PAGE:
of unit training. Important aspects that should be covered include:
- The effects of heat, including possible dehydration
and salt loss (the need to maintain the body fluid level).
- The effects of temperature variations.
- The effects of cold weather in the desert.
- First aid for heat illnesses. Each soldier/marine
should be issued a memory aid card showing symptoms and immediate
- Maintenance of morale and the ability of the
individual to accept the challenge of the desert. Self discipline
and common sense.
- Environmental effects such as those of sand,
wind, and light.
- Water discipline.
- Hygiene and sanitation.
- Comet clothing equipment, including how to wear
and maintain and clothing.
- Precautions against snakes, scorpions, insects,
and disease-bearing organisms.
To the extent possible, the commander should
train his unit in terrain and environmental conditions similar
to what he expects to find in the operational area. It would be
both shortsighted and dangerous for example, to allow water for
bathing if the expected operational area is totally waterless.
To further accustom the troops to hardships, contact with garrison
or other urban areas should be kept to the minimum except for
medical or welfare reasons. Once field training has started, necessary
supplies should be brought to field locations and items that are
unlikely to be available in the operational area (commercial soft
drinks and foods) should not be permitted. To gain the maximum
value from this training, the unit's exposure to outside influences
should be kept to a minimum.
ENEMY ORGANIZATIONS AND TACTICS
This can be taught in garrison on sand tables
and map maneuvers, followed by tactical exercises without troops
(TINT), and unit exercises in the field. If enemy equipment is
available it should be brought to the unit so it can be studied
Troops must be thoroughly briefed on the type
of terrain and the general environment they will encounter, including--
- Water sources, if any.
- Landmarks or significant permanent terrain features.
- Friendly and enemy areas of operation.
- Prevailing winds.
- Whether or not the local populace is pro or con
This information will assist navigation by reconnaissance
units or individuals who become separated from their units. Although
maps are the most obvious navigation aids, numerous types of equipment
and techniques are available to assist soldiers/marines during
Although maps used in field training will be
those of the local area, sufficient maps of the operational area
should be obtained to allow distribution for study and possible
use during garrison training. This is particularly important if
the operational maps use foreign words to describe terrain, such
as sebhka, summan, hidiba, and dikaka.
In addition, the grid system on some maps differs
from the universal transverse mercator grid system on US maps.
In many Middle East countries that were previously under British
influence, for example, the Palestine grid system is used on military
maps. These maps, generally last surveyed during World War II
or the following decade, are widely used, not only in the area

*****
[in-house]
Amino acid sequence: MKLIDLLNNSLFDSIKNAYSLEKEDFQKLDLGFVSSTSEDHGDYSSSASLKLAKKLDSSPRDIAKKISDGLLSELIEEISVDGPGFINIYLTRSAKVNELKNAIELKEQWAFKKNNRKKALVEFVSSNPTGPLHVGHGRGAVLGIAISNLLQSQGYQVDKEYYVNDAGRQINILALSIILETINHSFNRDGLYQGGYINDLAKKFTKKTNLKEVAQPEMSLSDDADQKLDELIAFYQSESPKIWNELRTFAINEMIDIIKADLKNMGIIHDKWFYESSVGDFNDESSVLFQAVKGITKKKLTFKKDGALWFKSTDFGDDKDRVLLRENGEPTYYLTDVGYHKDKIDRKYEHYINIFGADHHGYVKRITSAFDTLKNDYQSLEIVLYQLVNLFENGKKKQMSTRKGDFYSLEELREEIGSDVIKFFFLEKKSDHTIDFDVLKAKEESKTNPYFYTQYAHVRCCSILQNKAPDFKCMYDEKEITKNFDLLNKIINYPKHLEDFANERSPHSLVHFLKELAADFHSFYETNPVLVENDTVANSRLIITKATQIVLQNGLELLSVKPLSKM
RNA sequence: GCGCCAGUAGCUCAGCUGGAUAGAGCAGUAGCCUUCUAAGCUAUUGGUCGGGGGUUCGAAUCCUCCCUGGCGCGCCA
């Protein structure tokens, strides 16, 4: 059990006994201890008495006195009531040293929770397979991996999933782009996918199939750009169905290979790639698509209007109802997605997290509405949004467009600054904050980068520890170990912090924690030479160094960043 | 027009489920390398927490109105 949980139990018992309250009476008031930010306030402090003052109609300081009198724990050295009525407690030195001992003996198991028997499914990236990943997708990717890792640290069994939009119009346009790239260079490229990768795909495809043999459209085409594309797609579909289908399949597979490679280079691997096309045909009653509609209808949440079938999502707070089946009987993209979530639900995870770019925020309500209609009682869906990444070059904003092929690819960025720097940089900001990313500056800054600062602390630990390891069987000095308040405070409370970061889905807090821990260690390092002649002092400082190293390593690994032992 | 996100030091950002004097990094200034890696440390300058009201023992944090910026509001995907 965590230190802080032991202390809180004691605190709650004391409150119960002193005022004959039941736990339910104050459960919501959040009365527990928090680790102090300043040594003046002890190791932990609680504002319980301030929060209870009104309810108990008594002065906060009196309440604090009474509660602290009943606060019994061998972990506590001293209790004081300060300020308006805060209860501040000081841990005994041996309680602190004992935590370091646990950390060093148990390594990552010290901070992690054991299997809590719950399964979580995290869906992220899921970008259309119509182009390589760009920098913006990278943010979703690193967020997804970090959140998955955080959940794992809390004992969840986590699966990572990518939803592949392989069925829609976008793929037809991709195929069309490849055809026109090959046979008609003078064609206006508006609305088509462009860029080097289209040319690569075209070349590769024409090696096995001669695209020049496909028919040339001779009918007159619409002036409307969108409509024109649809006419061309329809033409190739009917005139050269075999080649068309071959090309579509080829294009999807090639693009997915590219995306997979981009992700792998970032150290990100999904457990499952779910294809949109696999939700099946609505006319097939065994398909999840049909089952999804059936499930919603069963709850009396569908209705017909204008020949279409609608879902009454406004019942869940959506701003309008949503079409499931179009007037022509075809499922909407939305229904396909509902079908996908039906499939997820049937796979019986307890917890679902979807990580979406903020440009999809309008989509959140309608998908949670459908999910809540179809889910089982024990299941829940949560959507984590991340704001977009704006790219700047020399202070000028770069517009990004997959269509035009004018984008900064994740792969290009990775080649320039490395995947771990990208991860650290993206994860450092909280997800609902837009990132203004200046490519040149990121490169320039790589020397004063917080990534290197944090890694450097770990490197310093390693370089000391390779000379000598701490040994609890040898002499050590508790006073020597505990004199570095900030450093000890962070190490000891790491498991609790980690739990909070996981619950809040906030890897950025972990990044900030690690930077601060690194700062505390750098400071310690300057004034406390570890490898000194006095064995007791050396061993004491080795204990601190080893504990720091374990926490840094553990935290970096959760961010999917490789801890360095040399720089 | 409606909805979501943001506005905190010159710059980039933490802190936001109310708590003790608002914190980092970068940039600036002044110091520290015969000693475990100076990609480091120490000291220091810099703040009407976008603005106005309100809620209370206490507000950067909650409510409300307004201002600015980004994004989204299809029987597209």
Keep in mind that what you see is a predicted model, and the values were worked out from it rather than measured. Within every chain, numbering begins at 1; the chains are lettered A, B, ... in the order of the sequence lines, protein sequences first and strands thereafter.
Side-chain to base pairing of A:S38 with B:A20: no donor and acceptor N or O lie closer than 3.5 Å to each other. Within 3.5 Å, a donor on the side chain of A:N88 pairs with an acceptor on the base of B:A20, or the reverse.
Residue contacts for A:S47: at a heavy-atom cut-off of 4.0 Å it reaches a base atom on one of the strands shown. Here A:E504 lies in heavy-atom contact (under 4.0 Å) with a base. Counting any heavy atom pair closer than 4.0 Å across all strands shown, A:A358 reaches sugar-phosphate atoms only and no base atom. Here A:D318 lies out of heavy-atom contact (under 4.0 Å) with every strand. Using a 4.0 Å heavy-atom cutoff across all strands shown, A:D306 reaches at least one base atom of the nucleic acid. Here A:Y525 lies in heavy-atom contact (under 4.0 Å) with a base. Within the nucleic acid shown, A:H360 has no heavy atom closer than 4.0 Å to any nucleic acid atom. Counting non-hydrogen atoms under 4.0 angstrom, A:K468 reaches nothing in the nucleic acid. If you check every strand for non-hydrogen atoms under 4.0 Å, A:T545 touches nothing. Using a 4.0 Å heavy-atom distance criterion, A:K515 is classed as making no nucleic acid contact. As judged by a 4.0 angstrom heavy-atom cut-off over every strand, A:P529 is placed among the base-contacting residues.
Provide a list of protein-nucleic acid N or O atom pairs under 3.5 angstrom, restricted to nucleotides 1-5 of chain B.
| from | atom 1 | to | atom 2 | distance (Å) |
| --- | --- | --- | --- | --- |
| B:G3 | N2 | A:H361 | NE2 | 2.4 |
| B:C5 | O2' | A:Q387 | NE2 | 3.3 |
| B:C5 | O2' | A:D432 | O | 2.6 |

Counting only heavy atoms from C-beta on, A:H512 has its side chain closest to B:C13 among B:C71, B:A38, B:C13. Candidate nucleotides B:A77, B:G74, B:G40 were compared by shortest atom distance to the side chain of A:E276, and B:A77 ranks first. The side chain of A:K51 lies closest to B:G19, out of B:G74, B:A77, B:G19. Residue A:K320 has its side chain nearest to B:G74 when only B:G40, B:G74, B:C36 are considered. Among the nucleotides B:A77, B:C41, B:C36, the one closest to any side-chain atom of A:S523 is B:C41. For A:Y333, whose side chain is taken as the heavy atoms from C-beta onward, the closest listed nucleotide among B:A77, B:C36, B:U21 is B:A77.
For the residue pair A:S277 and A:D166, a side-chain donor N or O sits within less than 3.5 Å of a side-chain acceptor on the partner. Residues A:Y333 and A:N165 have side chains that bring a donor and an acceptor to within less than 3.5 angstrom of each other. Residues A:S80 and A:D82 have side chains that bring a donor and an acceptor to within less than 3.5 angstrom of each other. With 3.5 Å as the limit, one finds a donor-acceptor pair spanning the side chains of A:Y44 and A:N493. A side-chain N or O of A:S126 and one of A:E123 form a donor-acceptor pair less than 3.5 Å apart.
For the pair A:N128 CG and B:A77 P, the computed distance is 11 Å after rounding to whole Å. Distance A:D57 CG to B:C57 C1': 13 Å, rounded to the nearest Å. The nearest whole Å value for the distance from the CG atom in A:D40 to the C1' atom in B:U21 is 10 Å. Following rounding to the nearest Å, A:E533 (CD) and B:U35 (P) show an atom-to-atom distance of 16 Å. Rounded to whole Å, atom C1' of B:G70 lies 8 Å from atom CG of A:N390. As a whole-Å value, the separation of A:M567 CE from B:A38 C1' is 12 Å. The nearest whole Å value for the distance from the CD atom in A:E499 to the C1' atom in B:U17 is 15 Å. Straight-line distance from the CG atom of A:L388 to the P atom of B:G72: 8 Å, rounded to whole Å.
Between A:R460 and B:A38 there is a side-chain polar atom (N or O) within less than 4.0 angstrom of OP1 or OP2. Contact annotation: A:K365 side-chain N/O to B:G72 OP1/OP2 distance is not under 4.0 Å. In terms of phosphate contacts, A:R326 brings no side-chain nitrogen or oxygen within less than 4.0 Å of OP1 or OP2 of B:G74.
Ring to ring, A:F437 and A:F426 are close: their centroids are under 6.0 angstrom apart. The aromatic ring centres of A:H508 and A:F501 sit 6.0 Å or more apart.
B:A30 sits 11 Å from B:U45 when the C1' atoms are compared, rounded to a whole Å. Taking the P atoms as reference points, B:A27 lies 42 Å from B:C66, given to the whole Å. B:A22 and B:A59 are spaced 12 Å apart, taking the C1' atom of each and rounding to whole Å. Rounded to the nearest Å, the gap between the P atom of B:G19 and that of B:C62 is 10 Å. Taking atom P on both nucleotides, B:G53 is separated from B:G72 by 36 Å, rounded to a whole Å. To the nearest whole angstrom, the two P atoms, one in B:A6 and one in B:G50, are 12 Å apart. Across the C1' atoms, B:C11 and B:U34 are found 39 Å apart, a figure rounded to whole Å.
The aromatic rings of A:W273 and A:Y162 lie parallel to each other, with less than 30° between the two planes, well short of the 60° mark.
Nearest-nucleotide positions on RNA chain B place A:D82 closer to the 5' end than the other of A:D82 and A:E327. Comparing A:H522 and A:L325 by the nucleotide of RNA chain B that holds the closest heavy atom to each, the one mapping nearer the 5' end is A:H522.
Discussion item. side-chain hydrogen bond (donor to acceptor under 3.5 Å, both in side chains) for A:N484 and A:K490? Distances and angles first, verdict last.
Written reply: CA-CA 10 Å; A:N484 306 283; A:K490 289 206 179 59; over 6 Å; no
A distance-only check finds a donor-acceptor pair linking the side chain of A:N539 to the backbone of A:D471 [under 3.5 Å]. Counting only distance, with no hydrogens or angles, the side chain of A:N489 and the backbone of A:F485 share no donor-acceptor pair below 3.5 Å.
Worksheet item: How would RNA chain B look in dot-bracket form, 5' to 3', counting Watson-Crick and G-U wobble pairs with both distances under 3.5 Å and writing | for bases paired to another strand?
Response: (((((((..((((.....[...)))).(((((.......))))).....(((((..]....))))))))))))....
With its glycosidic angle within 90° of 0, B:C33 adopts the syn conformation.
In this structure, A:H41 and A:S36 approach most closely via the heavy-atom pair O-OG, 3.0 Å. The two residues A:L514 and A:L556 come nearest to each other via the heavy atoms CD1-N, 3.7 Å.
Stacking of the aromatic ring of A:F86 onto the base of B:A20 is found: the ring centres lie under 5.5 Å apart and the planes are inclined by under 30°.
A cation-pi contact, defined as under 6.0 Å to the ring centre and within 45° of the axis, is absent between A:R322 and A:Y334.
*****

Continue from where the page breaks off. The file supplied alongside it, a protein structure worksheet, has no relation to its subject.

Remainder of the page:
of Palestine, but also in Egypt and much of Saudi Arabia. And
since they are commonly produced in either 1:100,000 or 1:50,000
scale, they do not mesh with standard US maps. In some instances,
accurate maps may not be available. An alternative is to draw
the grid lines on attached blank sheets of paper. This method
can be highly effective when used in conjunction with navigational
aids such as the GPS and LORAN.
Latitude and Longitude Conversions
One of the oldest systematic methods of location
is based upon the geographic coordinate system. By drawing a set
of east-west rings around the globe (parallel to the equator),
and a set of north-south rings crossing the equator at right angles
and converging at the poles, a network of reference lines is formed
from which any point on the earth's surface can be located. The
distance of a point north or south of the equator is known as
its latitude. The rings around the earth parallel to the equator
are called parallels of latitude or simply parallels. Lines of
latitude run east-west but north-south distances are measured
between them. A second set of rings around the globe at right
angles to the lines of latitude and passing through the poles
are known as meridians of longitude or simply meridians. One meridian
is designated as the prime meridian. The prime meridian of the
system we use runs through Greenwich, England, and is known as
the Greenwich meridian. The distance east or west of a prime meridian
to a point is known as its longitude. Lines of longitude (meridians)
run north-south but east-west distances are measured between them.
Geographic coordinates are expressed in angular
measurement. Each circle is divided into 360 degrees, each degree
into 60 minutes and each minute into 60 seconds. At any point
on the earth, the ground distance covered by one degree of longitude
is about 111 kilometers (69 miles); one second is equal to about
30 meters (100 feet). The ground distance covered by one degree
of longitude at the equator is also about 111 kilometers, but
decreases as one moves north or south, until it becomes zero at
the poles. For example, one second of longitude represents about
30 meters at the equator but at the latitude of Washington, D.
C., one second of longitude is approximately 24 meters.